The Dallas Cowboys have made it clear for most of the last decade that they're determined to dominate in the trenches utilizing a powerful offensive line. From 2014 to 2016, it was not only regarded by most as the top offensive line in the NFL but arguably the best unit on either side of the ball. Injuries and departures have taken their toll on this group in recent years, but with excellent drafting and strategic offseason acquisitions, all signs point to this line taking back the top spot.
The biggest return, hopefully, will be All-Pro Center, Travis Frederick. Having missed all of 2018 battling Guillain-Barre Syndrome, he has made great strides in reclaiming his throne as the game's top center, if he ever fell off it that is, seemingly picking back up where he left off chemistry wise with Dak Prescott when OTA's began. Ultimately, once he's back in full contact in training camp, then we'll really know where he's at.
The Cowboys do have some insurance at the position with veteran backup Joe Looney, who is entering his fourth season with the team. He started all 16 games and performed very solid making all the necessary pre-snap reads like Frederick had done for years before him. Proving just how valuable depth really is in the league.
Zack Martin is going to be his usual all-pro self at right guard, you can pencil that in today, having received such honors whether it be the first or second team in each of his first five seasons. He's not only dominant but durable, starting 78 out of a possible 80 games since 2014. Playing once again alongside Travis Frederick makes the interior of this offensive line that much more powerful.
The left guard spot isn't as edged in stone. 2018 second round pick Connor Williams started 10 games but suffered a knee injury that kept him out for several weeks. His backup Xavier Su'a-Filo played well in his absence logging 8 starts in his first season with the team, making him a lot easier to trust with time served under his belt. Then there's Connor McGovern, drafted in the third in this year draft, a potential plug-in starter who will definitely be in the mix for playing time. This will definitely be one of the more intriguing position battles going forward. The Cowboys are still trying to find the heir apparent to Ronald Leary who was lost after the 2016 season.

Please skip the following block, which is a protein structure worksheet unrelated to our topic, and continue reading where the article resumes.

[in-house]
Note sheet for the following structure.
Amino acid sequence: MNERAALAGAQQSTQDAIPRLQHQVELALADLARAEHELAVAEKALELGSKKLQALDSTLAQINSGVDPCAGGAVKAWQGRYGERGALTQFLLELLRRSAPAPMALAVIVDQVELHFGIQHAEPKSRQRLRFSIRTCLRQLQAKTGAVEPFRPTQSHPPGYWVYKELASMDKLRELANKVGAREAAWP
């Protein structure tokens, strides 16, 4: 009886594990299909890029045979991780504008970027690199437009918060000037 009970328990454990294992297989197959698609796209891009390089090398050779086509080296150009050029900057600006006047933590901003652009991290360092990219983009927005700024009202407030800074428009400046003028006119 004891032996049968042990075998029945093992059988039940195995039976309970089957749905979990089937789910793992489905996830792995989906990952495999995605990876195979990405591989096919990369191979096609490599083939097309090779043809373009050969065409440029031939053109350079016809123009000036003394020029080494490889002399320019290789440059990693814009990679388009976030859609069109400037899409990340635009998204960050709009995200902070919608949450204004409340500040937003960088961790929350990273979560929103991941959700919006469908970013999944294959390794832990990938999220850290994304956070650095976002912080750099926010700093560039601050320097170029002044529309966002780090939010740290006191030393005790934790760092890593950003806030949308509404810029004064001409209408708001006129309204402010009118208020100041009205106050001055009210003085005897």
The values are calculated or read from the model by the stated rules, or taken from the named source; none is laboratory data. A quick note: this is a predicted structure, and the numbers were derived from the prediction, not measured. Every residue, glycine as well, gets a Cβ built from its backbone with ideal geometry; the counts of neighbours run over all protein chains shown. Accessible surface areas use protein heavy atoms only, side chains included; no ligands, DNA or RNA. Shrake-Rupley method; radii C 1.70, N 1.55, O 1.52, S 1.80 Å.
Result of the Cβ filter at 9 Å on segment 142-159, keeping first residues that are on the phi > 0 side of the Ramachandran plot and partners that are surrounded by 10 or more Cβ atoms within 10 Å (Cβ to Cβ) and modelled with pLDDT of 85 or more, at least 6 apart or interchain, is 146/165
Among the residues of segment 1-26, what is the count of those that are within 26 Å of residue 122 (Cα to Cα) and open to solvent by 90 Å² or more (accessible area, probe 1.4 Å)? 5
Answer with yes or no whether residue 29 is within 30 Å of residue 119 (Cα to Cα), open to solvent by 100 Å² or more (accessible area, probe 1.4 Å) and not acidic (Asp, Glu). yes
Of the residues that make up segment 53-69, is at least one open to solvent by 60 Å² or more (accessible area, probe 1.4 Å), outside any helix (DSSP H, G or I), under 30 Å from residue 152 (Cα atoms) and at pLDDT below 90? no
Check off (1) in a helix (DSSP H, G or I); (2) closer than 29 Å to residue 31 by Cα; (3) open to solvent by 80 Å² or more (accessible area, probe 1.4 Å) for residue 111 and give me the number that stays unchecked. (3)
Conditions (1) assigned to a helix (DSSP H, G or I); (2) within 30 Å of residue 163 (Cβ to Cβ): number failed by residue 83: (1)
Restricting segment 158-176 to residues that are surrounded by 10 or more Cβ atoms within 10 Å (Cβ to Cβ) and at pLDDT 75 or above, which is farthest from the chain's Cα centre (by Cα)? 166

Tyron Smith is still one of, if not the best in the league when healthy at left tackle, but health hasn't always been on his side lately. Nine games missed due to several injuries over the past three seasons has called into question whether or not it's time to find the successor for the perennial all-pro. Veteran Cam Fleming, who was picked up via free agency in 2018, provided much-needed experience in Smith's absence. That's been the only knock recently, availability, because it's clear when he's on the field that right side defensive ends would be better off looking for sunshine at midnight than expecting sacks on Sunday's. Entering year nine it's understandable that monitoring his health will be key going forward, but make no mistake about it, Smith is still causing sleepless nights for defensive line coaches league-wide.
La'el Collins is entering a contract year. He hasn't exactly locked down the right tackle spot, at least not to the level that the organization has full confidence that he's the guy. The talent is there, but not necessarily the continued progression you'd like to see. What also makes this position interesting is that the previously mentioned Connor Williams took snaps at left tackle opposite Collins when Tyron Smith had a veterans day off during OTA's. This was an easy switch considering he spent three years as a starter at the position during his days at the University of Texas. Could this mean they are preparing to move Williams to right tackle if Collins isn't brought back in 2020? Putting Connor McGovern in line to secure the left guard spot? Only time will tell.
All the projected starters are under the age of 30. That means there's plenty of football left in these mammoth's, and a lot more lanes for Ezekiel Elliot to run through for the foreseeable future. Former Quarterback Tony Romo had the best season of his career once he finally got the offensive line he needed. Now with Dak Prescott just entering his prime, and youth plus experience on the line of scrimmage, this offense is set to be elite for quite a while.
How important is this unit? They set the tone for the entire team by mauling the opposing defensive line and controlling the clock. This allows your defense to be fresh at all times, especially in fourth quarters when games usually get tight in the NFL. These hogs are the first dominoes to fall and make life easier for their teammates. It starts in the trenches.